A quick Google search led me to a simple R routine that does exactly this. Following the steps outlined in Daniel Marcelino’s Loading SPSS (.sav) into Stata, I managed to covert an SPSS data set I downloaded from IDRA UCLA website into a Stata .dta file.

Try it out! It is easy to follow.

An interesting extension is Gabriel Rossman’s importspss.ado (requires R). It implements the R routine as an ado-file.

Tell me, where did I go wrong


If you are Filipino, you are most likely singing the title by now :)

Looking for a missing bracket, a misplaced comma, or a space that shouldn’t be there—or debugging in general—can be a pain sometimes. When the usual error message fails to point out where you messed up, try turning trace on to track down the error. trace literally traces the execution of programs. It echoes the lines that Stata executes internally. Reading through the whole thing on your results window can be daunting but you don’t really have to go through those. You just need to know which line it stops executing and see why it stopped there. To turn on trace, type:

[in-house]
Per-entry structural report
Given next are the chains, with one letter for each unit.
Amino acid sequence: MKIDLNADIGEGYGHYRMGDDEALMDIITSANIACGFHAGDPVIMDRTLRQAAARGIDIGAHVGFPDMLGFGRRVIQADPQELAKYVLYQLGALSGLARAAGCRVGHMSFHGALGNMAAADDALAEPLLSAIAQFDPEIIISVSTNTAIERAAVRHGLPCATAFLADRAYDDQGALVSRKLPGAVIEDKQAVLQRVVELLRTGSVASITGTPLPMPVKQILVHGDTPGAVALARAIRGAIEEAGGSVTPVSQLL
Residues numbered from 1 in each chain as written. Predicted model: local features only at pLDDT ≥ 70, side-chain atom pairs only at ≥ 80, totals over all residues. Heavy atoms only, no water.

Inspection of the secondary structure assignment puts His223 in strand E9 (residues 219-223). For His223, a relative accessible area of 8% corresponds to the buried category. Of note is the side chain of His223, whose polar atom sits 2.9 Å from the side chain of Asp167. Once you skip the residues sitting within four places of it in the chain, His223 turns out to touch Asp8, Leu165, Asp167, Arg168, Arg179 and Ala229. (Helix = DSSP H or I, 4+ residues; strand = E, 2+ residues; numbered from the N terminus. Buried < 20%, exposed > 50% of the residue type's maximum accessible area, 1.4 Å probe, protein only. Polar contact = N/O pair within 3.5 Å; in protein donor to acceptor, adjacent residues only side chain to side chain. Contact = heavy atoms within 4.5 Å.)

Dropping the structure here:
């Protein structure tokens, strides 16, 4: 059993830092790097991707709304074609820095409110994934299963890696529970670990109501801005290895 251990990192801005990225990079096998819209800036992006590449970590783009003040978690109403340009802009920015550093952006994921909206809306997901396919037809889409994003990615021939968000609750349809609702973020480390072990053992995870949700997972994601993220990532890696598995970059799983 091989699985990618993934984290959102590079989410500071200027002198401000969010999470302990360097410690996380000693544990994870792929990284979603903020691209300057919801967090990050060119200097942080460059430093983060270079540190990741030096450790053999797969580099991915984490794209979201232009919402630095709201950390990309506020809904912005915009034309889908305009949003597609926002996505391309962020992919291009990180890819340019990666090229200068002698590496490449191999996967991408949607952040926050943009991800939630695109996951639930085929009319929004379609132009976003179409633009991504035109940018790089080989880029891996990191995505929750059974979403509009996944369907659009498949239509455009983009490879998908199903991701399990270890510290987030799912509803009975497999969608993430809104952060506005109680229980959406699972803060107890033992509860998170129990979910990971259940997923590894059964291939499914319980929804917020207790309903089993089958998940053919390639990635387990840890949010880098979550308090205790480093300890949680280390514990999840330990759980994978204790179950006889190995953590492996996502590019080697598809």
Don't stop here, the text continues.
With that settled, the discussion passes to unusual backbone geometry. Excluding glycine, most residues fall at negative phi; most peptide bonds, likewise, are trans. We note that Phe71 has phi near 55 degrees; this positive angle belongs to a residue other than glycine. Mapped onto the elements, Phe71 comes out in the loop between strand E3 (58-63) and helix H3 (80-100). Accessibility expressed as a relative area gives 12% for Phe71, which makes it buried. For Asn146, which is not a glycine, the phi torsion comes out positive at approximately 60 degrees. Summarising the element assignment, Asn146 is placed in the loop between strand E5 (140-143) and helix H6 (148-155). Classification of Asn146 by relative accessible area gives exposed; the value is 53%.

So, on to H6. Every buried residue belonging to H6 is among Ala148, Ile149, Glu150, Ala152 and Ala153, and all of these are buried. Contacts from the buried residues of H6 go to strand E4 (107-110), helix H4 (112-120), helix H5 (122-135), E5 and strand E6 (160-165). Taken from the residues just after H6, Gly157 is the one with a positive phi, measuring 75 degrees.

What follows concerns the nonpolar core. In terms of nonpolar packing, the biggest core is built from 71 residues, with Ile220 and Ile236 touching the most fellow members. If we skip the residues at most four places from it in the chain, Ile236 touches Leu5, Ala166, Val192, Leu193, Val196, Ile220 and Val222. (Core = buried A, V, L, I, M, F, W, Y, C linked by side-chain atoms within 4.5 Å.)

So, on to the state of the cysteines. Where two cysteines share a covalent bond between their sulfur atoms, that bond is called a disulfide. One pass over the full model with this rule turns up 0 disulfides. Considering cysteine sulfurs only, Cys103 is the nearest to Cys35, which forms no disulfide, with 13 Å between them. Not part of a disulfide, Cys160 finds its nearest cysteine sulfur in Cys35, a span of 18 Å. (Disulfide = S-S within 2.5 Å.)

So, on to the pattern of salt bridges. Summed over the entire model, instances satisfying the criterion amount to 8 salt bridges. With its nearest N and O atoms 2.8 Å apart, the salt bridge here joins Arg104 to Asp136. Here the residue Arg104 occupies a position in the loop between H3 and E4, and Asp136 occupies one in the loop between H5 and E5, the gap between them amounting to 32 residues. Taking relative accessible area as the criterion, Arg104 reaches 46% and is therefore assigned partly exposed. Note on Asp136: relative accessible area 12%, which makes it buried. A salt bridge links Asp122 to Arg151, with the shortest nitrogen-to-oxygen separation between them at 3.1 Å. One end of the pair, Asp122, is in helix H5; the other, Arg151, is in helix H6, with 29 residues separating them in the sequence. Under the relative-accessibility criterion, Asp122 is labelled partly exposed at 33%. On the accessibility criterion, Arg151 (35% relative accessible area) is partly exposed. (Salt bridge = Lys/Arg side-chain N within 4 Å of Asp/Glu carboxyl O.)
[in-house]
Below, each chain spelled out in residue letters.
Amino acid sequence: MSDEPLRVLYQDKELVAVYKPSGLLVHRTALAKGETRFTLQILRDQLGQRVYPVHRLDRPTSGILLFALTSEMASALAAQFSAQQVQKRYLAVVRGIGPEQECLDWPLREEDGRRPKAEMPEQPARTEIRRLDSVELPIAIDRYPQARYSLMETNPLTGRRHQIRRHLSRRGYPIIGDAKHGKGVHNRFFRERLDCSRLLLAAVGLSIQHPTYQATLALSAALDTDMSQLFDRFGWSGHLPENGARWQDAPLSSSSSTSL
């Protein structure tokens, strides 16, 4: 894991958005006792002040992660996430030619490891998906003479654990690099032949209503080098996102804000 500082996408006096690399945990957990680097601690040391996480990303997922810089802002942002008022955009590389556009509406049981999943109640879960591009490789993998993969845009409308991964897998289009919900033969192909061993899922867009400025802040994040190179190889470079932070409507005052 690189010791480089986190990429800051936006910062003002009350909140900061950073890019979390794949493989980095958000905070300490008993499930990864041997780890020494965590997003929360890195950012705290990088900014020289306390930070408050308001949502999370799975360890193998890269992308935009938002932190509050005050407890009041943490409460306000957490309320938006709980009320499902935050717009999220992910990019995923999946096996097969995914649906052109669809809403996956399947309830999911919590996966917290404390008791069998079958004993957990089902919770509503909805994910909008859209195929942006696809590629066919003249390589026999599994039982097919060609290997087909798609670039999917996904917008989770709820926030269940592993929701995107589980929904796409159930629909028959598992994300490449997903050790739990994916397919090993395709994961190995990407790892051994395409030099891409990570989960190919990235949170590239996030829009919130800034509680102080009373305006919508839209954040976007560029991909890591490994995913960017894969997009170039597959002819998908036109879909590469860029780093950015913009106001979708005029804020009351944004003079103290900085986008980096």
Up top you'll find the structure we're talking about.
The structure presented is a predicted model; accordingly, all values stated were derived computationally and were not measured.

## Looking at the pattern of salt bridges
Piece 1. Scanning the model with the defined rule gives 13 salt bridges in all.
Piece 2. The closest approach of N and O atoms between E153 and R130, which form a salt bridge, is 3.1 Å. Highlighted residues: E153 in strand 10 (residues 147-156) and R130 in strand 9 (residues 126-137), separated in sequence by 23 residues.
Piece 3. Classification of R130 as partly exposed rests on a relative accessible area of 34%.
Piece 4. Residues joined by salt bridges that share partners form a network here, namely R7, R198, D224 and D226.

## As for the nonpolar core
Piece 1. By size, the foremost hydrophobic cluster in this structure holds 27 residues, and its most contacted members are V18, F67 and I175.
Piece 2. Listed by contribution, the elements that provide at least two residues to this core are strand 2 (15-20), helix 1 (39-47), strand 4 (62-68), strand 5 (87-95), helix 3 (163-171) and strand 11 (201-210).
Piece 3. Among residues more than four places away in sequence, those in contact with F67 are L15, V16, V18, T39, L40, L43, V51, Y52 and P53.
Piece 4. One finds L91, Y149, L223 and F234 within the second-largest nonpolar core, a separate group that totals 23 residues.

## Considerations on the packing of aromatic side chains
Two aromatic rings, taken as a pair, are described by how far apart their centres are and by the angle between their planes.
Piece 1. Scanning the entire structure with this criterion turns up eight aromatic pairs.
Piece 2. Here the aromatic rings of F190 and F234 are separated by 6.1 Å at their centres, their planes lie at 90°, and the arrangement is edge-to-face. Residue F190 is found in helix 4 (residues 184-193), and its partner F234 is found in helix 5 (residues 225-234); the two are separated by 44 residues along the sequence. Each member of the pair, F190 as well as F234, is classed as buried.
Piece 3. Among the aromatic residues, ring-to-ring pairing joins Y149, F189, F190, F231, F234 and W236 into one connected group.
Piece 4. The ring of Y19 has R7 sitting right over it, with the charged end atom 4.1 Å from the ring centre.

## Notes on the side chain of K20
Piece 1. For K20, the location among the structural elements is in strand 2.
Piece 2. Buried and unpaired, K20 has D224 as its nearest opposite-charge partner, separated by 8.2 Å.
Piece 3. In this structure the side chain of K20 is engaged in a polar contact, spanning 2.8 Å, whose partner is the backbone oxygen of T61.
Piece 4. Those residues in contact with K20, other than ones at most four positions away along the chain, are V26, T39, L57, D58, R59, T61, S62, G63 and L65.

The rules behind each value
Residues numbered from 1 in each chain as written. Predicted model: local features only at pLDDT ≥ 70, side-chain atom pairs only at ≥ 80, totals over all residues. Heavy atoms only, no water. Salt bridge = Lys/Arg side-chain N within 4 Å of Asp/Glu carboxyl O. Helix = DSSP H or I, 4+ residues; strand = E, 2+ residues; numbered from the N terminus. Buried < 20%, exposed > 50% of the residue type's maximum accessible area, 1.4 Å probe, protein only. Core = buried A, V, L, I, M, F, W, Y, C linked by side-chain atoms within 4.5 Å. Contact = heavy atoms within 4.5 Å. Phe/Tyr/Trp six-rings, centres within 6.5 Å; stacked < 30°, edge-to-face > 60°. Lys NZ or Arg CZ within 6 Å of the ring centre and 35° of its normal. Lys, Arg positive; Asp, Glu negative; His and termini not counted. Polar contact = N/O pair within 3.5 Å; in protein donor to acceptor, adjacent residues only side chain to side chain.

set trace on
And.. don’t forget to turn it off when you don’t need it. They can be really very long.

set trace off
Next time you wonder where you went wrong, use trace before you lose your mind. For more options, see help set trace.

Now, continue with the singing.. “what did I do to make you change your mind completely..”

 

Statalist, too, has a new home


If you have been following Statalist (see Stuck? Hello Statalist), the email-based support system for Stata users, you must have long known that it has moved to a new home and a new format. Statalist is now a forum hosted at Stalist.org maintained by StataCorp but moderated by a “friendly group” (quoted from the site) of users.

…a forum where Stata users from experts to neophytes maintain a lively dialogue about all things statistical and Stata…

Everyone can browse through the forum but only registered users may participate in the discussions. You may register here. DON’T forget to read the FAQ before posting.